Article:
On Monday – the day before Donald Trump said he was to be indicted by a New York State grand jury – I watched as a large pickup truck barrelled its way through the narrow streets of the historic old town in Key West, Fla. It drove past the Ernest Hemingway museum, where fans were lined up to see the home where the author wrote his masterpieces, and where they might possibly have an encounter with descendants of his six-toed cat. Three large flags waved in the grey wind from the truck’s bed: “Trump 2024″ on the driver’s side, the Stars and Stripes in the middle, and, on the right, “Jesus is my Savior; Trump is my President.”
It was a surreal sight for a variety of reasons, not the least of which is the strange bedfellow-ness of this flag pronouncement: Jesus Christ and Donald Trump.
Even now, years after the Trump administration, it feels bizarre, this connection: Christians and Mr. Trump, a man whose decidedly unchristian acts in public have included belittling people with developmental disabilities, speaking crudely about groping women, and speaking sympathetically about the racist alt-right. A former president who told thousands of lies while in office and who has been impeached twice.
And then there are the unchristian things he is alleged to have done: encouraging the Jan. 6 insurrection, attempting to overturn a fair election, cheating on taxes, and cheating on wives – in the case that is particularly relevant to this moment, allegedly with an adult film star named Stormy Daniels.
The alleged extramarital contact with Ms. Daniels – which Mr. Trump denies – is not the actual issue. The potential indictment is concerned with what happened long afterward.
Ms. Daniels had tried shopping her story to media outlets for money. She ultimately, in 2016, accepted a US$130,000 payment in a deal involving the National Enquirer. The Enquirer had no intention of publishing her story; this was a catch-and-kill situation in which Enquirer executives sought to suppress a negative story about Mr. Trump.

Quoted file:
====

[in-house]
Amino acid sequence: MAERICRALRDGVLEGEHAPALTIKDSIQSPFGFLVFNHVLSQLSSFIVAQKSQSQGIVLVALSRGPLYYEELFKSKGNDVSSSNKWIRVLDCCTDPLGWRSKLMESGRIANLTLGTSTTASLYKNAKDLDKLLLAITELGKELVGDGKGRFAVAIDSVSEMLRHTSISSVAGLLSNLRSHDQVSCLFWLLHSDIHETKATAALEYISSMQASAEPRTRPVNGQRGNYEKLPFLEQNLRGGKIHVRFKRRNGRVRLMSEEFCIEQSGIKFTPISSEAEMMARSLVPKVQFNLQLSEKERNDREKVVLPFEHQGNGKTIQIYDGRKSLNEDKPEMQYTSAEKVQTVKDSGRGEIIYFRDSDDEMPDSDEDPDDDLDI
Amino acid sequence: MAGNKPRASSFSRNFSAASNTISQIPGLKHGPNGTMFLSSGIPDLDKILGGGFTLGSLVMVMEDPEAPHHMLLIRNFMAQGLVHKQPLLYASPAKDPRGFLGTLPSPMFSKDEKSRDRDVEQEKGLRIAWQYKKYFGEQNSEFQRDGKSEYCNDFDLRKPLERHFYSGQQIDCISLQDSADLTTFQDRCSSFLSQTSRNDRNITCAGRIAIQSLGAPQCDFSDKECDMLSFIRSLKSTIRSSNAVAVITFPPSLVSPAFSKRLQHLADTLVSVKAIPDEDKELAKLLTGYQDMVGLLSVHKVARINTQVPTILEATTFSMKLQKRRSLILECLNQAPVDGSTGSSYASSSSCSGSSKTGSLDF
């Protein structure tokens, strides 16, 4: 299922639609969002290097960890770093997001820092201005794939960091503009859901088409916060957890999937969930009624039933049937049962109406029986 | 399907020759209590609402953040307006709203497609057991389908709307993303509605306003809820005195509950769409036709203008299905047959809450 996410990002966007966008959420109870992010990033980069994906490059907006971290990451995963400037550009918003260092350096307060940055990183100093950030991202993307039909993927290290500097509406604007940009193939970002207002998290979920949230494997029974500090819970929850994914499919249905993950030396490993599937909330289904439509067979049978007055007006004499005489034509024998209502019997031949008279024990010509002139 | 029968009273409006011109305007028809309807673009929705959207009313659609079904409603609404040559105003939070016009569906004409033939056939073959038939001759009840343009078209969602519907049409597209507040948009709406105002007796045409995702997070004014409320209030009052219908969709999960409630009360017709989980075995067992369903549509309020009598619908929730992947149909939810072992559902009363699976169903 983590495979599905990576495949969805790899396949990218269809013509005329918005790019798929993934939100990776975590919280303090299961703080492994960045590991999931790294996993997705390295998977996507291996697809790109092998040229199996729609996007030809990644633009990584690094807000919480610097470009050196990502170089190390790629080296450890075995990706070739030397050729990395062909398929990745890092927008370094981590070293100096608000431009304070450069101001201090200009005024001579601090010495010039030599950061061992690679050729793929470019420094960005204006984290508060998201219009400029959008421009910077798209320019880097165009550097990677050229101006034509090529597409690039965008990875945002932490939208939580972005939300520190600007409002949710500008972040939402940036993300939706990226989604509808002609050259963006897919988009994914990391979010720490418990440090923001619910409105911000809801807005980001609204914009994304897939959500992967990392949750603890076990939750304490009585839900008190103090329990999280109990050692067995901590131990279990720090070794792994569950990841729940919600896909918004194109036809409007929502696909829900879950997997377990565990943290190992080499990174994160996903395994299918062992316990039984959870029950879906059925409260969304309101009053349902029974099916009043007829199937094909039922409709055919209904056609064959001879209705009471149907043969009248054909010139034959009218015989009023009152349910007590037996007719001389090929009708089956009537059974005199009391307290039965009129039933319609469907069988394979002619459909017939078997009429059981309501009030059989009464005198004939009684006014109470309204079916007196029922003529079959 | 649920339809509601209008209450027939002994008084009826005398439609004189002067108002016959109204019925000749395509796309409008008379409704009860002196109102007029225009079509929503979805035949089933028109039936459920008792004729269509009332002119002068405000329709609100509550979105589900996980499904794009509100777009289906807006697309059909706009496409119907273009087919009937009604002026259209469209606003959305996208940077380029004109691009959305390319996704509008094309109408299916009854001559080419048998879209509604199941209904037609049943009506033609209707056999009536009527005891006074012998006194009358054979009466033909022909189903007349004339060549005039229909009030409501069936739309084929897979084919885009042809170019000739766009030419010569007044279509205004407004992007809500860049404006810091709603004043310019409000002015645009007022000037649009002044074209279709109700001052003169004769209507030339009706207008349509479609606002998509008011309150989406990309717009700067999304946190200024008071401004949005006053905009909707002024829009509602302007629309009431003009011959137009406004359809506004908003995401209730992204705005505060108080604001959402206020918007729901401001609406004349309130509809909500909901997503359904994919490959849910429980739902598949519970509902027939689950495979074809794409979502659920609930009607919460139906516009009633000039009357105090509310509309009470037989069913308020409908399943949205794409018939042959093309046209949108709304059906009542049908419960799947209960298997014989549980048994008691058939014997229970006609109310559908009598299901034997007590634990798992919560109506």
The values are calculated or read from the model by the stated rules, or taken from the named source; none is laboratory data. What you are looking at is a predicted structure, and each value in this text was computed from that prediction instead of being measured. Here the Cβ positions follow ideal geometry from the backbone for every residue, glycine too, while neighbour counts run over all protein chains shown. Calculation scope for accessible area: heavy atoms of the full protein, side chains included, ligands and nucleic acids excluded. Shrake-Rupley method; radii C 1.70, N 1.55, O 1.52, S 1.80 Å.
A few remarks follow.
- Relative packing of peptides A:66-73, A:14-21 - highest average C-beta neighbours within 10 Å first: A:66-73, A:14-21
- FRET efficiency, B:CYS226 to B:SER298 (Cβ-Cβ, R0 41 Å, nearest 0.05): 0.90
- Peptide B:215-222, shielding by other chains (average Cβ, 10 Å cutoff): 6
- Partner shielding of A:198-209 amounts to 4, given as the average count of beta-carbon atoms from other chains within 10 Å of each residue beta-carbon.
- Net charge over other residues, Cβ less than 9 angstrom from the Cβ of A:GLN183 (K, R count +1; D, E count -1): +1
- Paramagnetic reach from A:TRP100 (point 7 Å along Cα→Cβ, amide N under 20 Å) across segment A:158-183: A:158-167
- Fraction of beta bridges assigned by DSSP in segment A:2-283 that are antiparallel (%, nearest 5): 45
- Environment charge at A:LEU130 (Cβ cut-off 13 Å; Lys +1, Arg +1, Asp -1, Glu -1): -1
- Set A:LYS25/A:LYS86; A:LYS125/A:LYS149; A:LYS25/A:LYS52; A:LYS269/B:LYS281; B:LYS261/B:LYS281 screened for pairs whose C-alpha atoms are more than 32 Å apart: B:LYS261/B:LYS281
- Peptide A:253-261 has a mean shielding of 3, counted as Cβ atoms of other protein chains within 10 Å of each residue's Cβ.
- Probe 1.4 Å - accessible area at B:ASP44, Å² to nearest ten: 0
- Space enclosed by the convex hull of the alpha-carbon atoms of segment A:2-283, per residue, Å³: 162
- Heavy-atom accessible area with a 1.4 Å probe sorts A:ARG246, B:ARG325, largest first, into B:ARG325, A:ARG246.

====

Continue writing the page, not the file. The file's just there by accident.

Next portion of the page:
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As has been widely reported, the tabloid was working with Mr. Trump’s fixer, lawyer Michael Cohen, to buy the story in order to ensure it wouldn’t run elsewhere. Ms. Daniels signed a non-disclosure agreement.
That is not illegal; NDAs are used all the time. But this NDA was signed days before Mr. Trump won a very close election.
The money was paid by Mr. Cohen, who has said that he did this at Mr. Trump’s direction, and that he was later reimbursed by Mr. Trump; the payments were logged as legal expenses.
So this hush money at a critical moment is the crux of the matter. This was a payment made to keep Ms. Daniels from revealing her story – which voters may have found relevant as they made their decision between Mr. Trump and Hillary Clinton.
It is entirely within the realm of possibility that had this information come out prior to voting day, the election’s outcome could have been different. How many of those Christians who (somehow) support Trump would still have done so, having read Ms. Daniels’s story in the media?
Would they still have held their noses and voted for Mr. Trump, knowing that a Republican president could give them the Supreme Court they needed to overturn Roe v. Wade? How hard can a Christian hold their nose? And for how long?
Mr. Trump’s supporters – and even potential 2024 Republican rivals – are trying to minimize the severity of these allegations. But what happened here could have changed the course of history. There is nothing minimal about that.
When Mr. Trump posted Saturday that he would be indicted on March 21 (he wasn’t) and in all-caps urged supporters to “protest, take our nation back!,” the tactic was clear: distract from the reason for the indictment and turn it into a pity party for Mr. Trump. Stir up sympathy, rouse the troops. Perhaps inspire them to roll through the streets of Key West, with its great literary history and liberal, LGBTQ presence; its drag queens, its rainbow crosswalks, its downtown bookstore with a front-and-centre cash-register display that includes On Impeachment: The Presidency on Trial; and We Dissent, by the dissenting U.S. Supreme Court justices on the abortion ban.
After Mr. Trump’s post, up went the security barricades outside the Manhattan courthouse complex. Out came the online chatter from the fringe, urging protests – even armed ones. Out came the flags.
It happened in a flash; the Trump/Christ flag-bearers had driven off before I could speak to them. So it’s impossible to know if their display was the result of Mr. Trump’s call to action. It’s also impossible to know if their intent was to bully or intimidate. But I can tell you this for sure: that’s how it felt.
What would Jesus think?